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The Next Wireless Revolution – LEDs

LED technology is on the rise because of its economy, but there might be an additional reason to further the technology in the future. Boston University researchers are working on a cutting edge wireless technology that uses LEDs instead of radio frequencies in what is called a Smart Lighting system.

“Imagine if your computer, iPhone, TV, radio and thermostat could all communicate with you when you walked in a room just by flipping the wall light switch and without the usual cluster of wires,” said BU Engineering Professor Thomas Little. “This could be done with an LED-based communications network that also provides light – all over existing power lines with low power consumption, high reliability and no electromagnetic interference. Ultimately, the system is expected to be applicable from existing illumination devices, like swapping light bulbs for LEDs.”

Boston University researches will focus on developing computer networking applications, notably the solid state optical technology that will form the network’s backbone.

“This is a unique opportunity to create a transcendent technology that not only enables energy efficient lighting, but also creates the next generation of secure wireless communications,” Little added. “As we switch from incandescent and compact florescent lighting to LEDs in the coming years, we can simultaneously build a faster and more secure communications infrastructure at a modest cost along with new and unexpected applications.”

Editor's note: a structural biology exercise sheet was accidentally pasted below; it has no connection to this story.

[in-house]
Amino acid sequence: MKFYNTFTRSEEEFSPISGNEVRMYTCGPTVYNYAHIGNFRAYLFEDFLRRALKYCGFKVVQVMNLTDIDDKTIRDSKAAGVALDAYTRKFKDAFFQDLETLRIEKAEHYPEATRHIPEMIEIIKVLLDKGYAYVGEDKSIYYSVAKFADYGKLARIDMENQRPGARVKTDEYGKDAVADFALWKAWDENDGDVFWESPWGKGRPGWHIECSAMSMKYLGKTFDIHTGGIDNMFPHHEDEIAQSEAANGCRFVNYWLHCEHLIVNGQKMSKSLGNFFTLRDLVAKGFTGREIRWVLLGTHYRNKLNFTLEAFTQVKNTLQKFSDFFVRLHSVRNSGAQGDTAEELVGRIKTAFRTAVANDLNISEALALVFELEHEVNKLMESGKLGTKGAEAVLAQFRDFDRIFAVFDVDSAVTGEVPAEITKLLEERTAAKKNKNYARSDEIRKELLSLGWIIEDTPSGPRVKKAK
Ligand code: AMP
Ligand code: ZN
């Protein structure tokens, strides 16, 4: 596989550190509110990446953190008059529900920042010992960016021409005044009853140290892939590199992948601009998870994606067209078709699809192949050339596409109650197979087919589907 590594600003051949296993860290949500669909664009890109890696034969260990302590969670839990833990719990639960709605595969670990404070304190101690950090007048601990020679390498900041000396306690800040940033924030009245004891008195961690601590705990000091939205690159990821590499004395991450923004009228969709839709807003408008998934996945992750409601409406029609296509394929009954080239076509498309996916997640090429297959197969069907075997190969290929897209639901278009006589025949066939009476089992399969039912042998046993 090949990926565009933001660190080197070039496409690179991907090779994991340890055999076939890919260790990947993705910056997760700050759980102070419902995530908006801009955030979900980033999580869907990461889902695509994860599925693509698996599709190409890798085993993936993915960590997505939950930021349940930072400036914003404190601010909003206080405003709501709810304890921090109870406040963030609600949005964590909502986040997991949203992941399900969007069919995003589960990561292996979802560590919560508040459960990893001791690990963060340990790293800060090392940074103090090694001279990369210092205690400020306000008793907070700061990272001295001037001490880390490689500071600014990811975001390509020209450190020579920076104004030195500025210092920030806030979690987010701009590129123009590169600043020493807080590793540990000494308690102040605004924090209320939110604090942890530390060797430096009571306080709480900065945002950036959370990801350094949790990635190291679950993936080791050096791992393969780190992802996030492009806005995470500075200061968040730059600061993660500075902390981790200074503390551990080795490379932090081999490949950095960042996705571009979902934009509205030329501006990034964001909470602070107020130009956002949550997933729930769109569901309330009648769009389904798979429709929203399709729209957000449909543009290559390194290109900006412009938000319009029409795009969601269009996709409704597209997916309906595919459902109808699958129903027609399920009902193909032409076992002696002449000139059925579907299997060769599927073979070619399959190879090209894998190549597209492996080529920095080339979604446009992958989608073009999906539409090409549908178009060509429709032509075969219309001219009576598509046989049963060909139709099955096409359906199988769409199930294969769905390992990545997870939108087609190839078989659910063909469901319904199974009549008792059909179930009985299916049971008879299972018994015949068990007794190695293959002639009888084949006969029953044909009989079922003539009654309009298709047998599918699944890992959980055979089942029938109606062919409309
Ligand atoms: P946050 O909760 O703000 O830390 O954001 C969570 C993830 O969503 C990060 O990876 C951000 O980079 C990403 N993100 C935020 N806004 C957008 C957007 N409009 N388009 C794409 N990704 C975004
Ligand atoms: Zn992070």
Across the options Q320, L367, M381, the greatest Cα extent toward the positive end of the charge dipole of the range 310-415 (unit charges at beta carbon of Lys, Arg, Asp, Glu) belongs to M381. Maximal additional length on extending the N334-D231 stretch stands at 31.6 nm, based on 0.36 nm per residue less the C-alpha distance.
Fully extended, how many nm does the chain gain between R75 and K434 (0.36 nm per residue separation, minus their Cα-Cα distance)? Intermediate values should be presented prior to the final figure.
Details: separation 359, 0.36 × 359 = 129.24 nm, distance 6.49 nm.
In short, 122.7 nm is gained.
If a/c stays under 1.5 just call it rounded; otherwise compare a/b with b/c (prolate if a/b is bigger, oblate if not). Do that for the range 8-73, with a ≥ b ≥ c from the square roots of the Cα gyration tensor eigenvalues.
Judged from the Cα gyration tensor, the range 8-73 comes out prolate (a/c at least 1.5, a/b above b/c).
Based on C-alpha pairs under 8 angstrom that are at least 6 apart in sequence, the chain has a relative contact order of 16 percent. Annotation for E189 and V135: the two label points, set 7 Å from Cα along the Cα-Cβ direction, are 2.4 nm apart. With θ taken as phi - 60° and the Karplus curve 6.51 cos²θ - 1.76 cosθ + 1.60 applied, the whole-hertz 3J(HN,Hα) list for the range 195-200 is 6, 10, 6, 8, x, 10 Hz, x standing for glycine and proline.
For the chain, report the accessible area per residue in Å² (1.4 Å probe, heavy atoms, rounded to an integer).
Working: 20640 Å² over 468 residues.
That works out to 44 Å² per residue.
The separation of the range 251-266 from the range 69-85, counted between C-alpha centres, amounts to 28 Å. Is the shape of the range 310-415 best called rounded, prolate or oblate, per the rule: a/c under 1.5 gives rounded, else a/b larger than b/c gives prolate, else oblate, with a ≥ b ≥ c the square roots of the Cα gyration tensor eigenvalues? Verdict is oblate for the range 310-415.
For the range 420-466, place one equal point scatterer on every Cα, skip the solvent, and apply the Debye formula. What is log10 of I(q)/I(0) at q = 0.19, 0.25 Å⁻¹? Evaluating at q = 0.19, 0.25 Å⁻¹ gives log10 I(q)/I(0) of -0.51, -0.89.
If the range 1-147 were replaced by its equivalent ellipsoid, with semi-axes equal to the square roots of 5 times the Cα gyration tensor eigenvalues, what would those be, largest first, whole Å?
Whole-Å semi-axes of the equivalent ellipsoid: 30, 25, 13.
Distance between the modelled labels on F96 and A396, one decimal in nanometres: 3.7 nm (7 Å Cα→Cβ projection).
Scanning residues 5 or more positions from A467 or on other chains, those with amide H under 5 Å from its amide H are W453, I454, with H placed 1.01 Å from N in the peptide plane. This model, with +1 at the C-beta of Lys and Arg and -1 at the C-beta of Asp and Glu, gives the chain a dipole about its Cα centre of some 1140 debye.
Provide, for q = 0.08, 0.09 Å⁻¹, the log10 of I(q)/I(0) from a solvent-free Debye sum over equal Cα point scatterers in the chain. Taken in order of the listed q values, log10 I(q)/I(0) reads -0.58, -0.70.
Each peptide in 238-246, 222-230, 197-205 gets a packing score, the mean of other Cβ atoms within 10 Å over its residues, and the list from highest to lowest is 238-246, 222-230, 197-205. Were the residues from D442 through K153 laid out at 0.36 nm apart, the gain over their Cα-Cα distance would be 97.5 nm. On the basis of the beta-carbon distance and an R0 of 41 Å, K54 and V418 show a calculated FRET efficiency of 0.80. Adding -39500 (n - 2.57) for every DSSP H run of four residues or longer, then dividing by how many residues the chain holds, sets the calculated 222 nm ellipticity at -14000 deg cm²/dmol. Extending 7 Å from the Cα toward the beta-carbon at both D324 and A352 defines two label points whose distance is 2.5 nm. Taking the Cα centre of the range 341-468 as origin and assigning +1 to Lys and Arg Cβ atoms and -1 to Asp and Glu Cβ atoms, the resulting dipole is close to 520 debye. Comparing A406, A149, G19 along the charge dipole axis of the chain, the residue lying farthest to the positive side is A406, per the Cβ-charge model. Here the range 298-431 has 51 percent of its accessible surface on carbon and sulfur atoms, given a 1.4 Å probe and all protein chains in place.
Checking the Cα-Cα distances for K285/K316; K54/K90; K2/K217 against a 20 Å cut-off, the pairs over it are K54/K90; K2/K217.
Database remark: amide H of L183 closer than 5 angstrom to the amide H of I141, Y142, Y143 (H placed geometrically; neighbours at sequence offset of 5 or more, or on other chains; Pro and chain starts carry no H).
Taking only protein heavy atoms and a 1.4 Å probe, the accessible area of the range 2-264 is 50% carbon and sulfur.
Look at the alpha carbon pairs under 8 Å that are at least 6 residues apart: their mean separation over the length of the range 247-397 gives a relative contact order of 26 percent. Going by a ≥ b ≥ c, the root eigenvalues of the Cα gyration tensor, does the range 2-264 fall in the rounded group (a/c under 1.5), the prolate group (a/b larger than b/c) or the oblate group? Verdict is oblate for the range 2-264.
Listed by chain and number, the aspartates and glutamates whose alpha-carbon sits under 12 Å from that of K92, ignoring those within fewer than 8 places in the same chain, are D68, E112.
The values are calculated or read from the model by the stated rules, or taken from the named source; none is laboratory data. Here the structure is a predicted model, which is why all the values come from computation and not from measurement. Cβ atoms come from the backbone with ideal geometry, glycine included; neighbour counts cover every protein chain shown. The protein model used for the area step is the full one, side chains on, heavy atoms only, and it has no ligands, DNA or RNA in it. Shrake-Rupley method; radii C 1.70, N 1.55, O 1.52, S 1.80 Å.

Little envisions indoor optical wireless communications systems that use white LED lighting within a room – akin to the television remote control device – to provide Internet connections to computers, personal digital assistants, television and radio reception, telephone connections and thermostat temperature control.

With widespread LED lighting, a vast network of light-based communication is possible, Little noted. A wireless device within sight of an enabled LED could send and receive data though the air – initially at speeds in the 1 to 10 megabit per second range – with each LED serving as an access point to the network. Such a network would have the potential to offer users greater bandwidth than current RF technology.

Moreover, since this white light does not penetrate opaque surfaces such as walls, there is a higher level of security, as eavesdropping is not possible. LED lights also consume far less energy than RF technology, offering the opportunity to build a communication network without added energy costs and reducing carbon emissions over the long term.

The ability to rapidly turn LED lights on and off – so fast the change is imperceptible to the human eye – is key to the technology. Flickering light in patterns enables data transmission without any noticeable change in room lighting. And the technology is not limited to indoor lights; its first real test may very well come outdoors, in the automotive industry.

via cellular-news

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